Fate of human malignant melanoma cells transplanted into zebrafish embryos: evaluation of the migration and cell division in the absence of tumor formation

3 March 2017
Fate of human malignant melanoma cells transplanted into zebrafish embryos: evaluation of the migration and cell division in the absence of tumor formation

Some cells of aggressive melanomas also express characteristic genes of other types of cells including endothelial, nerve and stem and prove then differentiated. A research was set up to see if the zebrafish model was functional for the study of such tumors as well as their interactions with the embryonic microenvironment.
Cells of malignant melanoma have been transplanted in zebrafish embryos. The cells survive, they have motility and they divide. They don’t integrate with the tissues of the host but spread in the interstitial spaces of the embryo following their metastatic characteristic and reflecting the behavior of undifferentiated cells of the tumor. However they do not produce the tumor.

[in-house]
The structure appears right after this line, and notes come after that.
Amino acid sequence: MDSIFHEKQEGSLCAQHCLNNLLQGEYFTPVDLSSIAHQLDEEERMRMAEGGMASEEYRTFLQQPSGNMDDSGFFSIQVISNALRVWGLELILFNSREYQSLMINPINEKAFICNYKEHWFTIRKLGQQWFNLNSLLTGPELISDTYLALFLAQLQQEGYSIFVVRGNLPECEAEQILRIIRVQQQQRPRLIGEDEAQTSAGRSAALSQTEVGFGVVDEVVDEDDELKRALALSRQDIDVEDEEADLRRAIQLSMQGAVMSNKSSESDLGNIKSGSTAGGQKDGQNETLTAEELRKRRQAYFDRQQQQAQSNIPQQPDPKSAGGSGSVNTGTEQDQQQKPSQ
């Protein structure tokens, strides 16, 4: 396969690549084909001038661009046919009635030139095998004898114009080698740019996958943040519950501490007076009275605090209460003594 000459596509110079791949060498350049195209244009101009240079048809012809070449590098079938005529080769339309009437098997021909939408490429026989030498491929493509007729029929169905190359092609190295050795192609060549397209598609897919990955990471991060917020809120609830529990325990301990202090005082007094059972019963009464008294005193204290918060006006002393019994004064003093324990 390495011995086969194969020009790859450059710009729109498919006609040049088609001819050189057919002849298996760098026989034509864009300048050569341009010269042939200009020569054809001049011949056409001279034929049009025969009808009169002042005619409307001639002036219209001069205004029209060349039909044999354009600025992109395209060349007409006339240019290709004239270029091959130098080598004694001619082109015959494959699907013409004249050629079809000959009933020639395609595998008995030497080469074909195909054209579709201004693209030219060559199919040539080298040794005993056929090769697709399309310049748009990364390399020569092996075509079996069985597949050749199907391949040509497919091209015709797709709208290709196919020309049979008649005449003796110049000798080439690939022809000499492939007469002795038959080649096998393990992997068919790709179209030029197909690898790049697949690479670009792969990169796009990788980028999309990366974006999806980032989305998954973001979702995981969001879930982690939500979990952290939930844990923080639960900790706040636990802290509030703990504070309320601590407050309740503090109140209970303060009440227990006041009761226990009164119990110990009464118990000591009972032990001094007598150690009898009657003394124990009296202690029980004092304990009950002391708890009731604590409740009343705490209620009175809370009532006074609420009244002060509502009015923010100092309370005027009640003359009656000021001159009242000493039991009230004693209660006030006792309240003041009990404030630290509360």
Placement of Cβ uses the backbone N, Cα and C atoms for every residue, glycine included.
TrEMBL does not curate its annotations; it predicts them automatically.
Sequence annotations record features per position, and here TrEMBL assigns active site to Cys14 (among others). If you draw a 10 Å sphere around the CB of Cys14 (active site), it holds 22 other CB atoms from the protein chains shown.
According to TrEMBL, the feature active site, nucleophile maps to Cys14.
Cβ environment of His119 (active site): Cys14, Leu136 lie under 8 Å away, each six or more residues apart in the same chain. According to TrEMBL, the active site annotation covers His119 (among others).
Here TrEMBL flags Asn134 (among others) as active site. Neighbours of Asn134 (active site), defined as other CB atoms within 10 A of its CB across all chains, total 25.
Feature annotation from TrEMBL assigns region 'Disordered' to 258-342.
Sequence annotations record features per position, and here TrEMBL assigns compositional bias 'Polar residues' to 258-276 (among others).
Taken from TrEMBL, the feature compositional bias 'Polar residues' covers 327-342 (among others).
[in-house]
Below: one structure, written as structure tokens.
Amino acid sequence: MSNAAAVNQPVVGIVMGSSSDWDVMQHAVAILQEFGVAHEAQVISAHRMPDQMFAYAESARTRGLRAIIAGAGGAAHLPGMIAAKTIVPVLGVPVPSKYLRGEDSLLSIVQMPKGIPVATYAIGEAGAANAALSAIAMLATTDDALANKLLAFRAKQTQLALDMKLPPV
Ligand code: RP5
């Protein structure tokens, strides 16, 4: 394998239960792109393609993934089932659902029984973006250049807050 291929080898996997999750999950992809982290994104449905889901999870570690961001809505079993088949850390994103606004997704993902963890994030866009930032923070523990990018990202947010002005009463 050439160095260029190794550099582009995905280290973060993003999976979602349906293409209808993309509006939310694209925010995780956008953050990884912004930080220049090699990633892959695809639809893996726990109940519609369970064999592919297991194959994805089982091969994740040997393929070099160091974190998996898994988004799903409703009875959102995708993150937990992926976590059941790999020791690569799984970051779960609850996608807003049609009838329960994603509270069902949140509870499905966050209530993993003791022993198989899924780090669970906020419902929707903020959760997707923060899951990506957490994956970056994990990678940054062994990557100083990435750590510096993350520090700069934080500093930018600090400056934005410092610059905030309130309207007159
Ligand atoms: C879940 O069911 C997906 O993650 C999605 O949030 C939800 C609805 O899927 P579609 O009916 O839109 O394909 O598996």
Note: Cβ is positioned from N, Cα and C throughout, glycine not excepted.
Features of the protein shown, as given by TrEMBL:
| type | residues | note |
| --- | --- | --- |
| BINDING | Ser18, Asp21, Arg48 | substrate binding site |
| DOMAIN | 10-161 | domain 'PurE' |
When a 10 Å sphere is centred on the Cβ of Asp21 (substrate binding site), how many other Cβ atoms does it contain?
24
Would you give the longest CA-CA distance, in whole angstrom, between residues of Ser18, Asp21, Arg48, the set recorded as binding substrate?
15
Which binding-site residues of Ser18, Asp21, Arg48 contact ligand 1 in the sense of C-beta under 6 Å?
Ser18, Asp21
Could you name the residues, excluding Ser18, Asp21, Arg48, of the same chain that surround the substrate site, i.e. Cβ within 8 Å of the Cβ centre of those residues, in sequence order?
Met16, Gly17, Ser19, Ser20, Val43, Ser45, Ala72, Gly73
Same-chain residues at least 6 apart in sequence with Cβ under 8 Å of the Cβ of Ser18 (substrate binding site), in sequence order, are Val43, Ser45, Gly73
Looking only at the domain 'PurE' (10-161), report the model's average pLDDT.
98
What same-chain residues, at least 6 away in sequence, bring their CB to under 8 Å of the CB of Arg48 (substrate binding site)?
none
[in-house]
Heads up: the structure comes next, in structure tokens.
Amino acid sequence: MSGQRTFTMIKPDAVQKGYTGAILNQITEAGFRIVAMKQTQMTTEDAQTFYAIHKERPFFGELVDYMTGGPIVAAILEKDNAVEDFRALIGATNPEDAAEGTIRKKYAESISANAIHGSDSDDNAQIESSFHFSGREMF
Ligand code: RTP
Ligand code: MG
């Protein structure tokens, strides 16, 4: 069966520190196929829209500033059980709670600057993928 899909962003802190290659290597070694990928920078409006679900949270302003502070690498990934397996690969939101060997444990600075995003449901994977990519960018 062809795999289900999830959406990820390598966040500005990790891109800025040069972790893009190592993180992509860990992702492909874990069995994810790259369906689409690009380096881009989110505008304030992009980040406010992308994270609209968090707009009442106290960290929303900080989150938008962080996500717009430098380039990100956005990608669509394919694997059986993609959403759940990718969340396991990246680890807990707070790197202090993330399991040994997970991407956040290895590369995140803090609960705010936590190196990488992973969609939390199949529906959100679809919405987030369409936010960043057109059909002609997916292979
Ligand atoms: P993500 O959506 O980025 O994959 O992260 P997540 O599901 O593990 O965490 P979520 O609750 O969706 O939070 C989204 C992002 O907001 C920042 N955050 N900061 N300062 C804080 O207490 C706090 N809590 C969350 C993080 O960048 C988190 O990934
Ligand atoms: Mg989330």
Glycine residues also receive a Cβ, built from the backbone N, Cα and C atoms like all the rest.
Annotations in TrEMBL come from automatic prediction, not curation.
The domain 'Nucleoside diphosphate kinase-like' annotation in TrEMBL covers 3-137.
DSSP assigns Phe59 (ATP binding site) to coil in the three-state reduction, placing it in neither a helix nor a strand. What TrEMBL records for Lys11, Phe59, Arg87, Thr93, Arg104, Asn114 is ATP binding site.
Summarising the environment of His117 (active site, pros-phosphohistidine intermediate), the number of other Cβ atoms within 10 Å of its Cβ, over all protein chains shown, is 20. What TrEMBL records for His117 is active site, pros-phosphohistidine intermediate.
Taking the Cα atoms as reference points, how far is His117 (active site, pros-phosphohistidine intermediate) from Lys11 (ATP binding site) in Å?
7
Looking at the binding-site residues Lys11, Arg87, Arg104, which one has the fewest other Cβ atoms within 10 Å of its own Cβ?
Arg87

The human melanocytes transplanted in the zebrafish embryo are distributed on the skin revealing that the zebrafish has receptors that can be recognized by human cells.
It has also been shown that in the embryo of zebrafish metastatic cells of melanoma maintain their phenotype undifferentiated but they do not progress towards tumor formation. These results demonstrate the usefulness of the model of the embryonic zebrafish for studies about the adaptability of the tumor cells and suggest that this experimental paradigm permits us to study the interaction of the embryo’s microenvironment with the tumor cells.

 

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